By Terrence McCoy
By Allie Conti
By Chuck Strouse
By Scott Fishman
By Terrence McCoy
By Ryan Yousefi
By Ciara LaVelle, Kat Bein, Carolina Del Busto, and Liz Tracy
By Pepe Billete
Probably no bus driver at the Metro-Dade Transit Agency knows the official rules and regulations better than Ezell Robinson, who's been driving county routes for twenty years. And no one has been more outspoken or determined to use any leverage or technicality to ensure that his rights, and those of his co-workers, are upheld. This is, after all, a man who is known around Transport Workers Union of America Local 291 as “the lawyer” and who routinely carries a black leather satchel filled with a dozen or so policy manuals. For years he's been a constant irritant to both the top MDTA brass and his own union leadership.
But since this past August, the 46-year-old self-proclaimed policy animal has been out of work, fired because he refused to take a drug test. Robinson claims the termination came in retaliation for his advocacy on behalf of fellow workers who had complaints against the union and MDTA, and because he routinely attacks the cozy relationship he says exists between union president Eddie Talley and the transit agency management. Perhaps most important, he says, the firing occurred just as Robinson was poised to launch a campaign for the union's executive vice presidency.
“The county is not the only paymaster!” snapped Robinson on a recent Monday morning as he sat in the food court at the county's Stephen P. Clark Government Center, awaiting an arbitration hearing that would be his final appeal against the termination. Sitting with a colleague at a nearby table -- and the target of the comment -- is Sam Milton, union shop steward and representative for the rank-and-file, who squinted as he looked up at Robinson. A knot of wrinkled skin formed between his eyes. His business this morning was to act as a union observer on Robinson's behalf, but it was clear the two men enjoyed little camaraderie. “Oh yes, it is,” he snapped back.
Robinson, dressed in a collarless white shirt, cream-colored slacks, and a matching vest that covered the beginnings of a paunch, stiffened in his seat.
“You need to know how to make some money,” said Milton.
“Oh, I know how to make money,” Robinson shot back.
“Oh yeah? Look to me like you fired.”
Robinson pointed down to his brand-new shoes. “Stacy-Adams,” he said smugly. “Only $18. It's not how much you make; it's how you spend it.” A gold medallion hung from his neck like a self-conferred medal. Which might not be unthinkable: Combine his disdain for union honchos and a righteous defense of his cause, and Ezell Robinson possesses both the fire and zealousness of a crusader.
Milton appeared flustered. “Well, I've got to make some phone calls,” he said, rising and turning away. Robinson reached for his umbrella and, handling it as though it were a walking stick, strode jauntily to the elevators and his hearing.
A short time later, in another display of maverick resolve, Robinson sent his union-appointed lawyer packing. The man's strategy was unimpressive, he said; he could do better representing himself before the hearing examiner appointed by the American Arbitration Association. The examiner would have 30 days to submit a recommendation to the County Attorney's Office, and if the county ultimately ruled against him, Robinson said, he was prepared to file a discrimination suit against the transit agency.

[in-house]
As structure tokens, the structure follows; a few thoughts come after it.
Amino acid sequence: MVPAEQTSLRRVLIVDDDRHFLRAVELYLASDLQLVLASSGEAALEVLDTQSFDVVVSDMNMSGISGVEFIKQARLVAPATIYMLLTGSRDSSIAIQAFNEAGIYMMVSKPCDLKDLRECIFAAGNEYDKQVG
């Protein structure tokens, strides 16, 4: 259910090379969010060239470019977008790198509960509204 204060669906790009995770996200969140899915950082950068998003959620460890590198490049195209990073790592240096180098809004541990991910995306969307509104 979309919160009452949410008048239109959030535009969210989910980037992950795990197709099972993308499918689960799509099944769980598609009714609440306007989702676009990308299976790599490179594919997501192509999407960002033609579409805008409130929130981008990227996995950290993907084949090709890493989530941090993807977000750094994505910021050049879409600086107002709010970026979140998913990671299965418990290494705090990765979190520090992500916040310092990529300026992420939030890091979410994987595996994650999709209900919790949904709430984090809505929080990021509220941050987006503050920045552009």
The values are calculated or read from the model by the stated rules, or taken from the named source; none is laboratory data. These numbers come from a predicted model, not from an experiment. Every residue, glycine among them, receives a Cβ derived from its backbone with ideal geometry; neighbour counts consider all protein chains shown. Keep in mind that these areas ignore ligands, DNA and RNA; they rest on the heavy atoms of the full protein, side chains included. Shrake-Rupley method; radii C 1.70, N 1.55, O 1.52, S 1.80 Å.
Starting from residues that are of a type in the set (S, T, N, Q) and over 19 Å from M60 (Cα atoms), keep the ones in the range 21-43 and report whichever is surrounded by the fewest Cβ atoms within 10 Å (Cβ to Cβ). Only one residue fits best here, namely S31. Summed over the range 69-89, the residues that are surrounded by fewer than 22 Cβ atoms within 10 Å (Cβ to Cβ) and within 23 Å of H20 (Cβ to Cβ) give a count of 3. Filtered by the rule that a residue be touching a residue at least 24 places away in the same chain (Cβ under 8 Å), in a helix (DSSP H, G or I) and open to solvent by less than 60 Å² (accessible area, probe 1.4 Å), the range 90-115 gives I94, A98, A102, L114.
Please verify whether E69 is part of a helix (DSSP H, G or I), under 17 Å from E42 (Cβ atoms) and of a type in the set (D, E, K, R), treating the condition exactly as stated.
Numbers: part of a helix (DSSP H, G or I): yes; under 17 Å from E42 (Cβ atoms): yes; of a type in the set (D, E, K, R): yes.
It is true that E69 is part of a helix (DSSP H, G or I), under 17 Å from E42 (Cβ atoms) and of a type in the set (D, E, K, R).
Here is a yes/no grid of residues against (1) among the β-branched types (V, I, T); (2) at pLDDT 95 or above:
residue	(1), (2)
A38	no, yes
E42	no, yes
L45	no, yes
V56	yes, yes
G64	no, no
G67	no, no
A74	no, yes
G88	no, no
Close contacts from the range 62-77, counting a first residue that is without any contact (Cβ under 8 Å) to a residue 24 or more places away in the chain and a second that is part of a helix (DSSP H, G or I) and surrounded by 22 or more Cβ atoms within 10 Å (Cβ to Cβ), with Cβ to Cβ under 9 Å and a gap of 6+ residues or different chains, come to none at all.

The issue of the drug test began back in mid-April, when Robinson was driving his route south on NW Second Avenue. A minivan parked at the curb suddenly pulled out in front of him, and though Robinson stomped on the brakes, it was too late. “It was a tremendous accident,” he recalled in an interview a few weeks before the hearing. “Everybody standing on the bus flew toward the front, and glass flew up everywhere. It was total pandemonium.” Three passengers in the minivan were taken to Jackson Memorial Hospital, along with several bus passengers. (It was not Robinson's first crash. Nearly a decade ago, he successfully battled the agency to expunge an accident from his driving record after he proved he wasn't at fault.)
Following company protocol his MDTA supervisor drove out to the scene. When José Villamarzo arrived, Robinson already was suffering from acute pain in his head and neck and beginning to feel dizzy. He asked Villamarzo to take him to the emergency room at Mount Sinai Medical Center in Miami Beach.
En route, Robinson said, he informed Villamarzo that he intended to head home and rest after the medical exam, but his supervisor reminded him that he'd first have to take a drug test at the hospital. Agency policy dictates that drug and alcohol screenings are mandatory when people are injured following an accident, he explained; but Robinson argued that Federal Transit Administration regulations allow a wait of up to 32 hours. The men realized they were heading for a standoff and gradually fell silent. The sound of traffic humming along the road was all they shared for long moments. Villamarzo gripped the steering wheel tightly. Robinson, his head throbbing, tried to ease the pain by massaging his neck. It was little comfort.
When they reached the emergency room, Villamarzo ignored Robinson and told a hospital staffer that MDTA wanted an immediate drug test for the bus driver. An ER nurse took Robinson's temperature and blood pressure (which was high) and then told him he'd have to go upstairs to the Occupational Health Center and take the test before receiving treatment. Robinson grudgingly complied but once there he was told to wait in line. Frustrated, he turned to leave, but Villamarzo warned him that a refusal would result in disciplinary action. The bus driver blew up. “I know my rights!” he shouted. “I want to see a doctor!”